16 thoughts on “The Case Against Power

  1. I think you are onto something. If everyone thinks power is a safe investment, then it’s not. Expectations are fully priced in so there’s no room for upside, etc.

    The only issue I have with this is that how many of these people have skin in the game? In this case that would mean people holding power or people getting ready to buy power. If most of the survey respondents and thread discussants don’t have skin in the game, then the forecast might be worthless.

    So, my answer would be, I don’t know! I don’t have have power and I don’t plan to buy power. What I do see is a need for renewal in the player base. More young people need to get interested for the top of the pyramid (power) to be maintained. I think this is possible but not guaranteed.

  2. It took me a long time to get clarity on this situation, but I believe the long term value is better served by abolishing the reserved list. Without continued interest by new players (which necessitates players actually being able to play with the cards) they will eventually become forgotten by all but the most enfranchised players. Reading and enjoying comic books does not make you want to own a specific comic book, but reading Superman might make you want to own Superman #1. Playing Magic does not instill in you the desire to own an original Black Lotus, but playing with a Black Lotus might. This effect can be seen with other Alpha cards that do not have the Reserved List protection such as Serra Angel or Shivan Dragon.

    1. Meh. This argument has been brought up so many times but its not something the community has control over. Wizards has been very clear that they will never abolish the reserved list. They have said this very publicly in many places. Let’s let this discussion die. It’s not going to happen.

      1. I agree with Ben on this one…at this point WoTC has explicitly stated on numerous occasions they will not eliminate the reserved list. Now, I could see them finding some wiggle room around their statement regarding the “spirit of the reserved list” (which sadly I wasn’t able to find a direct link to that statement, but have heard it repeatedly).

        1. The reserved list will not be reprinted with black or white borders. Doesn’t say anything about full art borderless (like unstable lands), or silver, or, hell, brown borders.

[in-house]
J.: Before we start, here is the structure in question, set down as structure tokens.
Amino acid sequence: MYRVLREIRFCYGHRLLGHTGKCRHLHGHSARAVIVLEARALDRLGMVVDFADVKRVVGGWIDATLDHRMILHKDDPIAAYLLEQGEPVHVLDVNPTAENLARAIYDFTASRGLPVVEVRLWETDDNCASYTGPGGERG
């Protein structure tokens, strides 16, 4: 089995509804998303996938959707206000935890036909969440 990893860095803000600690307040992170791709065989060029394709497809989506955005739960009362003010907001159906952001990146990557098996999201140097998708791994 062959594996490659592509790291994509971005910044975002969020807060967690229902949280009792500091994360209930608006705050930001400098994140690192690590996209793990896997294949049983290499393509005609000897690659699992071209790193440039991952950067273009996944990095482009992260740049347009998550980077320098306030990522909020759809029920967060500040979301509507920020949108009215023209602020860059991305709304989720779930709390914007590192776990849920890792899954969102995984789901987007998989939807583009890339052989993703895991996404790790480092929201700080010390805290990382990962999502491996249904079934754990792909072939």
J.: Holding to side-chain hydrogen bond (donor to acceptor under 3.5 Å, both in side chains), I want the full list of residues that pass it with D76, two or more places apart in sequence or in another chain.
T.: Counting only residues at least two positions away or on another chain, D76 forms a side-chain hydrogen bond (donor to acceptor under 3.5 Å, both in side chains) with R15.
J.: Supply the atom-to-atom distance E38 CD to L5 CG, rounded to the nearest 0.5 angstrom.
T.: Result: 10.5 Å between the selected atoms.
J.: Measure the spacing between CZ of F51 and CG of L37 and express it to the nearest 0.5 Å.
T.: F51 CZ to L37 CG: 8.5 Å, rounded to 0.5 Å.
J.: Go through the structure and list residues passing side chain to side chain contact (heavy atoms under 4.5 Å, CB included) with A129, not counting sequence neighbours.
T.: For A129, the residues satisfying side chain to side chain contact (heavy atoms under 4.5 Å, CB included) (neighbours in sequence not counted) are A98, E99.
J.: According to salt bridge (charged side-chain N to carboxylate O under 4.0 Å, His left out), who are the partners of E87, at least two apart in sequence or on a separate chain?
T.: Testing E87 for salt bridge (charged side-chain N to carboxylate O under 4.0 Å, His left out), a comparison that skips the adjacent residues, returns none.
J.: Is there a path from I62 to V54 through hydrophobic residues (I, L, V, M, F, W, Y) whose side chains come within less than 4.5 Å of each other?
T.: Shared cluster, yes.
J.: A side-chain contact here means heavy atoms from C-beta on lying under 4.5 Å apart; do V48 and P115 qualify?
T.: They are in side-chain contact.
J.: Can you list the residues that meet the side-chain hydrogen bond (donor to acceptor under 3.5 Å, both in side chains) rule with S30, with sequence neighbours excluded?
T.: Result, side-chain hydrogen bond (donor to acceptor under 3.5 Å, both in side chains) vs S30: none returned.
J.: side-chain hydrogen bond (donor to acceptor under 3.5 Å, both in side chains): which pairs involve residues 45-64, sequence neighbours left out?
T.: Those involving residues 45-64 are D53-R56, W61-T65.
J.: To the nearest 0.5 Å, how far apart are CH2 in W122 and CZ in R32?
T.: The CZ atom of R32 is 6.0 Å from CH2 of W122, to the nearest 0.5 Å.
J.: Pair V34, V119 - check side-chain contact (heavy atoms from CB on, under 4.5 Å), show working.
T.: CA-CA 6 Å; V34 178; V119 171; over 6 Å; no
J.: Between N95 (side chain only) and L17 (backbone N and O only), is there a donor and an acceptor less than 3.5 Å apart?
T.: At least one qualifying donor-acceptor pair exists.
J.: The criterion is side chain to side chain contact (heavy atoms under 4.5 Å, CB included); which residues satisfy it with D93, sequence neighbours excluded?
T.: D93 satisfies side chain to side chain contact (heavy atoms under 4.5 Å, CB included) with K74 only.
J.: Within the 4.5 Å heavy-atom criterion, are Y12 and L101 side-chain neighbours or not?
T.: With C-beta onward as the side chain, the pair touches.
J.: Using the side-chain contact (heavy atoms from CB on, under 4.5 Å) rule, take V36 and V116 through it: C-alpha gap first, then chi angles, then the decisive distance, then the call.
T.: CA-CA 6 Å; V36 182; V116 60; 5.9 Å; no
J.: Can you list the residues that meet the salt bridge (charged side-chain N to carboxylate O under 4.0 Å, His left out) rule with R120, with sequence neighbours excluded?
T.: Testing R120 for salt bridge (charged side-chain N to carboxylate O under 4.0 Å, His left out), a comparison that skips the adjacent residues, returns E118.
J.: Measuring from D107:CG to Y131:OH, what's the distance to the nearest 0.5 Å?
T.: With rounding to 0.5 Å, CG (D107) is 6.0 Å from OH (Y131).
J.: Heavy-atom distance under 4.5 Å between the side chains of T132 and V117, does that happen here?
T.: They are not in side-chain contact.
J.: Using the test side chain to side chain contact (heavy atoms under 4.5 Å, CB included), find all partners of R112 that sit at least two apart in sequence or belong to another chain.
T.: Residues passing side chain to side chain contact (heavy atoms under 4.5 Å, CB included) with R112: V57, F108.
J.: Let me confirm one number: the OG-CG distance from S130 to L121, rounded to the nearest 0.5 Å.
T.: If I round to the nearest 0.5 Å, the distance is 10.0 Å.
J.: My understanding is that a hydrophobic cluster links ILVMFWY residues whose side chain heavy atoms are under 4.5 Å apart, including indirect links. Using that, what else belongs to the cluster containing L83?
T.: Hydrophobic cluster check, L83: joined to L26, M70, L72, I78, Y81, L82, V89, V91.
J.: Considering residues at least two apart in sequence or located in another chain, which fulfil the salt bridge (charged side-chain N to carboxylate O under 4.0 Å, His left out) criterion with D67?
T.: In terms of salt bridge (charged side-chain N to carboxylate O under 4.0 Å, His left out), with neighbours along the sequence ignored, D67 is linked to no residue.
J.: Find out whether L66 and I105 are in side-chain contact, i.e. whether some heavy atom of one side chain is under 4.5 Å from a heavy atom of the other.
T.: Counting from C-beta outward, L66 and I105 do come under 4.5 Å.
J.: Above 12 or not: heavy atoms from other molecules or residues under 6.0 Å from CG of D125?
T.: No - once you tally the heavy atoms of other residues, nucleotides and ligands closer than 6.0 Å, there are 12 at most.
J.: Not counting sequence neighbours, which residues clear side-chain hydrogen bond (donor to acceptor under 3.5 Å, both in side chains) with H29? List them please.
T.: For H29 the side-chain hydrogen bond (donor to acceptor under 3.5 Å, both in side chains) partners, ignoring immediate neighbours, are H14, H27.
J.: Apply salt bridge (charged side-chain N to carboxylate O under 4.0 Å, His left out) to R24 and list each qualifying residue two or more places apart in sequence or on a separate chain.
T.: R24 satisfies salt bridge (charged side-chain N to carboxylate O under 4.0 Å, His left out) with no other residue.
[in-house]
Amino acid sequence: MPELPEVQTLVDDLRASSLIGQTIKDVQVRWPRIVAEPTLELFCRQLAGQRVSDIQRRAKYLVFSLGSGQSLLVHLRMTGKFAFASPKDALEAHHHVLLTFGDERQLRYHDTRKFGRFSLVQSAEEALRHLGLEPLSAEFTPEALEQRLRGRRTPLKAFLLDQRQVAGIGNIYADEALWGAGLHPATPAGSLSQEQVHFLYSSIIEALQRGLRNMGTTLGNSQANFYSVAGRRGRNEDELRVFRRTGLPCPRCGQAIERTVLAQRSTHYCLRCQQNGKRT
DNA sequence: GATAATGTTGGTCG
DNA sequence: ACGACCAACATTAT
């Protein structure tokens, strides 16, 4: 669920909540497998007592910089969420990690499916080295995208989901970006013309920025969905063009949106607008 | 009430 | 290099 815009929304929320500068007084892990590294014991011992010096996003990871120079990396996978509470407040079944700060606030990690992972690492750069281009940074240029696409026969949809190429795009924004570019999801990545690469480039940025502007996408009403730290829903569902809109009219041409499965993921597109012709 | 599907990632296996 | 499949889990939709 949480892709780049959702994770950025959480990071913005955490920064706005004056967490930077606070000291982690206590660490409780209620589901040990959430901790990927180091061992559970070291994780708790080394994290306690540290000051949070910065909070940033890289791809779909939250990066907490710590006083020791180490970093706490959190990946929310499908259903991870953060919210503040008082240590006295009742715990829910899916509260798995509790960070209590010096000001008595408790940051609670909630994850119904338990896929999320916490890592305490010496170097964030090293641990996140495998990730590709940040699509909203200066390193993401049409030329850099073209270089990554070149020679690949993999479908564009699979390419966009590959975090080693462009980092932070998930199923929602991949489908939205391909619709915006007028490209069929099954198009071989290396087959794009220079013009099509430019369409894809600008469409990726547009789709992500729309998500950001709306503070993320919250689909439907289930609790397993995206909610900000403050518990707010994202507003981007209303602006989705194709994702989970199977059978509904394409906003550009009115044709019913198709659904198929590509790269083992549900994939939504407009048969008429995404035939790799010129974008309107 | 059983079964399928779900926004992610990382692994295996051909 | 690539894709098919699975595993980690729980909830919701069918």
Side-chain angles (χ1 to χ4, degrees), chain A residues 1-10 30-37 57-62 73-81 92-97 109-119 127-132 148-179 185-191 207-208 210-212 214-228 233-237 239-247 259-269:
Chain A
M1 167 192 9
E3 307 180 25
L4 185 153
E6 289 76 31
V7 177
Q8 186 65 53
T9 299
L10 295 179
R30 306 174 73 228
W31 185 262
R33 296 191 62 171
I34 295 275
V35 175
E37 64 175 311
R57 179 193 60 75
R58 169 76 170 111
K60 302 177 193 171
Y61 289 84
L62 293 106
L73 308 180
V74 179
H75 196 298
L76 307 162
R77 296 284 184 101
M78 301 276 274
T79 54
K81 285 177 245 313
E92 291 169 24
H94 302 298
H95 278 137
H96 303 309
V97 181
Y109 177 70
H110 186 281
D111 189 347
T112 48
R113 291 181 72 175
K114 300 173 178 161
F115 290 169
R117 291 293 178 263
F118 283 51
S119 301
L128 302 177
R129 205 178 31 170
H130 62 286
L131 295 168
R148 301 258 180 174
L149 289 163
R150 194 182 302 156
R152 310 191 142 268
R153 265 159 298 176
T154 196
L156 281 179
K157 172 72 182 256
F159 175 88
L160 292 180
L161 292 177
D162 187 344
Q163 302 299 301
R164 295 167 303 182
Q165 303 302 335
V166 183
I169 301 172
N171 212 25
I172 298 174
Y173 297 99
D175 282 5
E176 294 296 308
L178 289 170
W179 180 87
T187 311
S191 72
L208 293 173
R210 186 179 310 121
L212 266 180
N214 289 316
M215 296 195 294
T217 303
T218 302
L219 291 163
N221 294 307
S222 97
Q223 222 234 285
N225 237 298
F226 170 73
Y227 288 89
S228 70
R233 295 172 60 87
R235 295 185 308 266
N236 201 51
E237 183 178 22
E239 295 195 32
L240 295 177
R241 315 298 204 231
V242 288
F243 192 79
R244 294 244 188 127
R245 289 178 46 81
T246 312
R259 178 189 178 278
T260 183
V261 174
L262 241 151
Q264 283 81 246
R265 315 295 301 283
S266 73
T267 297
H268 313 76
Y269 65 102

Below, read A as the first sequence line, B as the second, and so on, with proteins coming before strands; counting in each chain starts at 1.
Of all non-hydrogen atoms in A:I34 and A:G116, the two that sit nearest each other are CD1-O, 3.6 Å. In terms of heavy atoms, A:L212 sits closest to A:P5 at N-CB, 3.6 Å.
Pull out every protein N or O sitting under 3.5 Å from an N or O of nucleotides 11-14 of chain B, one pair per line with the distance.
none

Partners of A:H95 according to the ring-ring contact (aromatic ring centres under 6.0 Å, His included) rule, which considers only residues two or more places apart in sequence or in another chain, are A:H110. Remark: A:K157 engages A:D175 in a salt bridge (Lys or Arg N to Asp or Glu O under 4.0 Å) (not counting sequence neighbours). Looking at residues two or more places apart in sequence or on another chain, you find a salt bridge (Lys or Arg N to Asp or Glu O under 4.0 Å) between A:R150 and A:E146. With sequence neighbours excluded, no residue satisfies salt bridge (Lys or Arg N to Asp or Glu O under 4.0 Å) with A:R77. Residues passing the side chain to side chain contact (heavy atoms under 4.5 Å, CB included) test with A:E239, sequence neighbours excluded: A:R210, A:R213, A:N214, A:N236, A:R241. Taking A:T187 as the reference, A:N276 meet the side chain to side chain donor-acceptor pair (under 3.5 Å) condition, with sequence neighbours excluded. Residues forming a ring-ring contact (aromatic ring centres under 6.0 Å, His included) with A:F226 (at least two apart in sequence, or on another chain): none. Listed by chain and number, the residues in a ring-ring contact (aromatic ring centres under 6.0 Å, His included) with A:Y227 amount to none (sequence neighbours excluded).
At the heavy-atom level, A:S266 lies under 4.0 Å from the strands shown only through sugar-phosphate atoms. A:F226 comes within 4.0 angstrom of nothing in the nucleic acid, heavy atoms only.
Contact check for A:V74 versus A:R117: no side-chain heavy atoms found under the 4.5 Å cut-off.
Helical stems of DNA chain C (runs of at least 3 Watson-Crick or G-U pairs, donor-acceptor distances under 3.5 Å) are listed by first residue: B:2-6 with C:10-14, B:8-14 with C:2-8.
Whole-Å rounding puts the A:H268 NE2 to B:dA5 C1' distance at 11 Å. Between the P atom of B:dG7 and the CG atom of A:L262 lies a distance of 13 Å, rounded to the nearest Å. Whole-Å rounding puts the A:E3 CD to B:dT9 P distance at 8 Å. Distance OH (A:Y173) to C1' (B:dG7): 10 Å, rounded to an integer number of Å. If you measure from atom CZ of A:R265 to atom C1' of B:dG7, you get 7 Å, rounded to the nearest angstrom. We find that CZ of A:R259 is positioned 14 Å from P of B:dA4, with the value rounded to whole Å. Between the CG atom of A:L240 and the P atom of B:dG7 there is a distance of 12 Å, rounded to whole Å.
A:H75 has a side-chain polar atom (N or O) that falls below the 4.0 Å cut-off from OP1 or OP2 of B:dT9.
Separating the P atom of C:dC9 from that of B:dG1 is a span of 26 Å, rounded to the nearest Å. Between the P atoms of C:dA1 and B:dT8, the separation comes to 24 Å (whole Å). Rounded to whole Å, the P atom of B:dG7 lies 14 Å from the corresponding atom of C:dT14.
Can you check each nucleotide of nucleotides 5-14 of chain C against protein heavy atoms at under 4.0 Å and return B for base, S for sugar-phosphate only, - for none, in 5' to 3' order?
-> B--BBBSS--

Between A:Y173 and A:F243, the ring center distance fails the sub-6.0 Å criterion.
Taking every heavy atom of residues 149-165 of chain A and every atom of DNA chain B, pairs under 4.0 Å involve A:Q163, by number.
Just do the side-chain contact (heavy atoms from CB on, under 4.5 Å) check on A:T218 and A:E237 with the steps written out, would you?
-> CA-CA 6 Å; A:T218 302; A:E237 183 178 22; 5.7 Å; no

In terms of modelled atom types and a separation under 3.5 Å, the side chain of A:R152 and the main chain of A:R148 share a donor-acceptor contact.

If ever wotc gets into real financial trouble — like, bankruptcy financial trouble — you can expect to see the next set have a mox as a chase rare among box topper boosters.

          And if wotc still doesn’t reprint them — whoever buys the IP after the bankruptcy is a) not held by the RL promises in the first place and b) will definitely not repeat the mistake of abiding by it.

  3. Great article, thanks! If not power, then what safer segment would you recommend someone park their money for the longterm? If singles, any specific cards? If sealed product, any particular editions?

    Perhaps this spawns a “Part 2” of this piece, whereby you outline where you would put money and why. Would be interested to read your thoughts on this.

    1. Revised and Limited dual lands. They actually see play, and are desired by newer players who want to take that next step in collecting and deck building.

  4. Great article, thanks! If not power, then what safer segment would you recommend someone park their money for the longterm? If singles, any specific cards? If sealed product, any particular editions?

    Perhaps this spawns a “Part 2” of this piece, whereby you outline where you would put money and why. Would be interested to read your thoughts on this.

  5. The main thing this conversation leaves out is the wealth and rabid desire of the old school player/collector community. One of your key premises is “The most expensive non-premium Magic cards in existence are legal in barely any formats.”

    Those formats are 93/94 old school and vintage and obviously only one of these is sanctioned. Those formats are played by folks in their 30s and 40s with spare income to buy iconic pieces of the game for the sake of slinging cards with their friends. These formats, and especially old school, represent a lifestyle choice for these older players. The card value is not pushed up by “tournament playability” as is the traditional basis for value in magic. It is a combination of vanity, nostalgia, and entrance into a community of people who are interested in playing magic in a place where drinks are served.